Currently reading: Vauxhall Corsa diesel axed due to low demand
The latest car to drop its oil-burning variant is one of Britain’s top-sellers

The Vauxhall Vauxhall Corsa will no longer be offered with a diesel engine because the variant represented just 2.5% of the model’s sales.

Corsas powered by the 1.3 CDTi engine were particularly unpopular with retail buyers, who account for the majority of the hatchback’s customers. In 2017, just 0.5% of Corsa retail purchases were of the diesel.

This fits with a trend in the new car market; diesel sales have fallen by more than a third in recent months due to growing uncertainty and the new diesel tax hike.

A spokesman told Autocar that this low demand made the diesel Corsa too costly to retain amid the British brand’s ongoing efficiency-boosting measures. Vauxhall's new parent company, the PSA Group, is rolling out several measures to boost its profitability.

This is also the explanation given for Vauxhall’s decision to streamline the Corsa's trim levels. The Ford Fiesta rival had been offered with 11 trims, but this now has been cut to seven: Active, Design, Energy, Sport, SRi Nav, SE Nav and SRi VX-Line Nav Black.

Vaux corsa 2014 1 2 0

“This is something you’ll see happening across the entire Vauxhall range,” said the spokesman. “We won’t be offering a plethora of complicated and confusing trim levels. New cars coming out from here on will have simplified trim lists.”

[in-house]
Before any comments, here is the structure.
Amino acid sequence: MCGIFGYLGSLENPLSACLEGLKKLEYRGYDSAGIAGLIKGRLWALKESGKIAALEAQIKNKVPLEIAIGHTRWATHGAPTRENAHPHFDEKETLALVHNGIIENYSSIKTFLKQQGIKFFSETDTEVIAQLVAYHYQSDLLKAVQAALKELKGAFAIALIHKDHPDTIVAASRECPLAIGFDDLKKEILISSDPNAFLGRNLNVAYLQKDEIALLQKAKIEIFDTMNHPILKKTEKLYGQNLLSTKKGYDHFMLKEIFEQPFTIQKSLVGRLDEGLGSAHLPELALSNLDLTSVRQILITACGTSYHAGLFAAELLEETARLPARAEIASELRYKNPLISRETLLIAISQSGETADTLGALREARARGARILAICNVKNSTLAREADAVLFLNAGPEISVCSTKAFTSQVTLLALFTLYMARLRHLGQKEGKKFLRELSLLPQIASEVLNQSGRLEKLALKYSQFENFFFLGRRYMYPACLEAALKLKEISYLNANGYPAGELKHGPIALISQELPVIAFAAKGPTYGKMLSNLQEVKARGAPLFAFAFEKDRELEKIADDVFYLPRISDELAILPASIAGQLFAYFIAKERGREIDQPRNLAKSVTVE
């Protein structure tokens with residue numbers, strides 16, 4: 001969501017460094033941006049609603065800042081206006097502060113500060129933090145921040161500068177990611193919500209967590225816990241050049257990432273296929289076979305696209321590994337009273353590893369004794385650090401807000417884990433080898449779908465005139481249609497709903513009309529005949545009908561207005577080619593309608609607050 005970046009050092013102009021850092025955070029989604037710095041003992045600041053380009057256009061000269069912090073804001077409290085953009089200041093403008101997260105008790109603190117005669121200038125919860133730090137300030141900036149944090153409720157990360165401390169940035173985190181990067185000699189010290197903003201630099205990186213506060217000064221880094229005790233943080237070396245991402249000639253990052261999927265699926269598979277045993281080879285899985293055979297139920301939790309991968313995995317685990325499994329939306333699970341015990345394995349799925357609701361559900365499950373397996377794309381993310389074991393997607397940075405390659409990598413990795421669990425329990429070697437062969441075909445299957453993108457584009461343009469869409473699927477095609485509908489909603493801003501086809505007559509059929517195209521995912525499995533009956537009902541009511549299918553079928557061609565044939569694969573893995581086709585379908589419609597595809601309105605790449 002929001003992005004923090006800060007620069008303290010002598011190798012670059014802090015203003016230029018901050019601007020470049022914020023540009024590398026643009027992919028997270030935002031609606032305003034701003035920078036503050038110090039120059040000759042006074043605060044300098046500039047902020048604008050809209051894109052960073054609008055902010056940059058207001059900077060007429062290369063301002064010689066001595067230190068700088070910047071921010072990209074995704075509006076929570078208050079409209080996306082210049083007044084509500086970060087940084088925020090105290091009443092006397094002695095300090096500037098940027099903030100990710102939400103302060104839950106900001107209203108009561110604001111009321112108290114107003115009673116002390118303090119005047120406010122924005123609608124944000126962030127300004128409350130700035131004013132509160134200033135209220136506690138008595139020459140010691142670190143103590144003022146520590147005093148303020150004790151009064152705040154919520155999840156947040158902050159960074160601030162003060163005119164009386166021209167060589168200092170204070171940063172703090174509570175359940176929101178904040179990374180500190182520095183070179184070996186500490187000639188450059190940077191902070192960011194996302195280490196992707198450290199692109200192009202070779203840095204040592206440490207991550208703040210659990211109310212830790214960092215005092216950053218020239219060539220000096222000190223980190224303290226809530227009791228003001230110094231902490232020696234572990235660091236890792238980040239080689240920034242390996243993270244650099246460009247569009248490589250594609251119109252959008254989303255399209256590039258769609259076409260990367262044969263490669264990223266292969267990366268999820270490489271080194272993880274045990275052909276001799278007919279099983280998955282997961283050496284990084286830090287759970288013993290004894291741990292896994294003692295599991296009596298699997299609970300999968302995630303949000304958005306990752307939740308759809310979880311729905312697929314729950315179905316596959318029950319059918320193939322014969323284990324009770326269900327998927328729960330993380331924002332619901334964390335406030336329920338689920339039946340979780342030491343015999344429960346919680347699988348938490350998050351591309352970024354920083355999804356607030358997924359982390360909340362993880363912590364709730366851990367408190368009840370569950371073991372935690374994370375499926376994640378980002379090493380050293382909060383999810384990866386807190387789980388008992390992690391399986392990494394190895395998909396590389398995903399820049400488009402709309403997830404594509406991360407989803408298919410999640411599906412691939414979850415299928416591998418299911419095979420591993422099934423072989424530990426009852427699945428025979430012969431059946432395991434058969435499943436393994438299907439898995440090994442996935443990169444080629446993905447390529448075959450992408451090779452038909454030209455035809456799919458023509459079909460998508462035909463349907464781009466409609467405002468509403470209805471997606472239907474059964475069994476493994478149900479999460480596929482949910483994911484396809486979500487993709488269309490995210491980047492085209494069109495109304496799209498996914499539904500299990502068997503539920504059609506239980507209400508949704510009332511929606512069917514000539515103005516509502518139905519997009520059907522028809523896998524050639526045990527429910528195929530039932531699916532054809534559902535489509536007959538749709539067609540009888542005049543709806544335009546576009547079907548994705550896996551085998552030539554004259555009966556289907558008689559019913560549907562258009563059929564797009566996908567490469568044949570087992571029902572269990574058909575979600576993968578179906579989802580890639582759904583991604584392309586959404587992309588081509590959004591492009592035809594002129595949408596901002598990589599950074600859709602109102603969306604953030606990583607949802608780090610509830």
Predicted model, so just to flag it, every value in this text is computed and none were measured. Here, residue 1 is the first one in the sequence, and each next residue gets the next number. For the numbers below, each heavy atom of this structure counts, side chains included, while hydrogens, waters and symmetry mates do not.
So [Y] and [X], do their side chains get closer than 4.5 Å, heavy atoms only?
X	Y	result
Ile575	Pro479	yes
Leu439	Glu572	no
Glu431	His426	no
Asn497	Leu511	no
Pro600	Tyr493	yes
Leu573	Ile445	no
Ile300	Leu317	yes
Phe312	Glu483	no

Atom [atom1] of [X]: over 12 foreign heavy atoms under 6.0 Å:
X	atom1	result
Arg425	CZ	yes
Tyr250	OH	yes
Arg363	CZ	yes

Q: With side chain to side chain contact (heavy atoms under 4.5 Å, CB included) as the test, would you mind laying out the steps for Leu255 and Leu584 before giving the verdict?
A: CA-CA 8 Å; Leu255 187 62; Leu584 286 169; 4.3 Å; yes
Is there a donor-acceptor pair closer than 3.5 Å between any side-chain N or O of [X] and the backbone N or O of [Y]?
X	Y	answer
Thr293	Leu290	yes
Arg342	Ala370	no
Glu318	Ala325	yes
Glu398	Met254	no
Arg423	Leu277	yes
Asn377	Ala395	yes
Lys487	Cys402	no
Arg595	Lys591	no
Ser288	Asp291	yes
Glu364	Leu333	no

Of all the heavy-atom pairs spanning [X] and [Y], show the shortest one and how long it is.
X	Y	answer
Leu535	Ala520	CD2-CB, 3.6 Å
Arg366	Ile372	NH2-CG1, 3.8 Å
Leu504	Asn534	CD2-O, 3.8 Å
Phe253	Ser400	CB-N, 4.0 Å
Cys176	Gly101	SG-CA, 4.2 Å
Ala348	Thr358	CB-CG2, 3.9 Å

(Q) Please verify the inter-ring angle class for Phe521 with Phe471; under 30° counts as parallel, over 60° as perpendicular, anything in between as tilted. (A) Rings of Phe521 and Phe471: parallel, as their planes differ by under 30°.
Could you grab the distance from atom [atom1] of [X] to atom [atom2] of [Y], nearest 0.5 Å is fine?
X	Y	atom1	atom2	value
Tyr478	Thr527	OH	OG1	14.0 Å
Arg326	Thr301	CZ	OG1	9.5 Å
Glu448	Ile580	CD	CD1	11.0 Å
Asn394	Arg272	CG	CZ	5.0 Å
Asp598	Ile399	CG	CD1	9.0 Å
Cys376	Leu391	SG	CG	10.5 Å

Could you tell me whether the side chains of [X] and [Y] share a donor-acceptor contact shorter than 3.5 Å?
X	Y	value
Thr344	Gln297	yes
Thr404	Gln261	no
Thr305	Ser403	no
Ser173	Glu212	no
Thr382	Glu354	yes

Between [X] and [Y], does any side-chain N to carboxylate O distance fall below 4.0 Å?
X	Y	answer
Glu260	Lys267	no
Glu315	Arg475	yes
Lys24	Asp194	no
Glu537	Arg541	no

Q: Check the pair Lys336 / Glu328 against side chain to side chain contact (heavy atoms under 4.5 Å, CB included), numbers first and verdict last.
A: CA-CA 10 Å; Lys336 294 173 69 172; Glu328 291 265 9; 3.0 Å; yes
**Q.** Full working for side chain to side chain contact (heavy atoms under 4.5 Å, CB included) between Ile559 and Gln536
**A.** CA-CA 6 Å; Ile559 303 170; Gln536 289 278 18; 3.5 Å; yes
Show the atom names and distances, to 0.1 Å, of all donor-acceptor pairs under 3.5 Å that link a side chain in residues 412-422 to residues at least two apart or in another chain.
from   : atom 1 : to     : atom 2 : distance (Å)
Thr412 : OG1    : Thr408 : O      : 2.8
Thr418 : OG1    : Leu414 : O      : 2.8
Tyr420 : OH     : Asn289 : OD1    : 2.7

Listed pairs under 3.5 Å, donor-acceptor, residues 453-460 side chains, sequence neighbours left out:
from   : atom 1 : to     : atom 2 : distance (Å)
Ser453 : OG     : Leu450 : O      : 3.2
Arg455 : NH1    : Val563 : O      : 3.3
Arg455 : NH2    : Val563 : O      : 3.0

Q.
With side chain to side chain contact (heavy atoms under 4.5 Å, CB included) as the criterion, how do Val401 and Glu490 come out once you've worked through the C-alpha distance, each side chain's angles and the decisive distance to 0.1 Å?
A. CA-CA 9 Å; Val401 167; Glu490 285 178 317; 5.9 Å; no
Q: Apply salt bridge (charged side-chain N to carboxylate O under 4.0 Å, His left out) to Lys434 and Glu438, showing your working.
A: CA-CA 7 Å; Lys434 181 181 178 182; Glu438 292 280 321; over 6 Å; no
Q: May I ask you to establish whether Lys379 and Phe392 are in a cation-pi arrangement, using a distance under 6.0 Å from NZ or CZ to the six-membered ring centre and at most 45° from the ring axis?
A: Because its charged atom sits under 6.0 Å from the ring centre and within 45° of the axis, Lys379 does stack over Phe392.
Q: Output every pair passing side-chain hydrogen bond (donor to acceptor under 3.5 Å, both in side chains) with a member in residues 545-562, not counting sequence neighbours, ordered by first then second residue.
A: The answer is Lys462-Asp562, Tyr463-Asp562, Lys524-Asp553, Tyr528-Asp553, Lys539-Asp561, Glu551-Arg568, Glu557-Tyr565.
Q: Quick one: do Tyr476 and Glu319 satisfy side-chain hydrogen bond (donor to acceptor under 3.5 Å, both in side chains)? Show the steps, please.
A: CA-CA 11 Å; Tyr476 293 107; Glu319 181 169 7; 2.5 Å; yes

Vauxhall’s cost-saving measures will also include a reduction in the number of franchise dealerships it has, like its European sister brand Opel. Vauxhall will terminate contracts with its 326 franchise locations across the UK and then offer new contracts to only the best-performing sites.

Vauxhall's sales tumbled to 195,000 units in 2017, a decrease of 22% on the year before. The Corsa has remained a strong seller in Britain, however, currently ranking as the fifth most popular car in 2018.

The model’s range-topping VXR hot hatch variant will soon be replaced by a new GSi model that mixes focused handling with a less potent 1.4-litre four-cylinder engine. This car is predicted to appeal to wider range of customers than the VXR.

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Bazzer 29 April 2018

Diesel is dead.

Diesel is dead.

Mini2 28 April 2018

Diesel still around for a little while longer

Though we are making good progress towards EVs, we aren’t there yet. There’s still a place for diesel cars for those doing in excess of 20k miles per year, especially if these drivers don’t have off-street parking, or have limited space. That’s why diesel superminis can perfectly reasonably still be a thing for a bit longer, unless we start to see more hybrids to bridge the gap. The issue is that most diesels used in small cars are pants - manufacturers don’t understand their customers enough. Why is the Ibiza only available with a 5spd 95bhp diesel motor? Doesn’t make much sense if those miles are mostly motorway. Sadly it’s only Peugeot, DS and Ford who have the right idea by offering their superminis with more powerful 1.6, 6-speed, 120bhp diesels. Way more economical and therefore making way more sense. It shouldn’t be surprising that an ancient 1.3 diesel has been dropped. 

Peter Cavellini 28 April 2018

EV it......?!

 Seems a logical step....?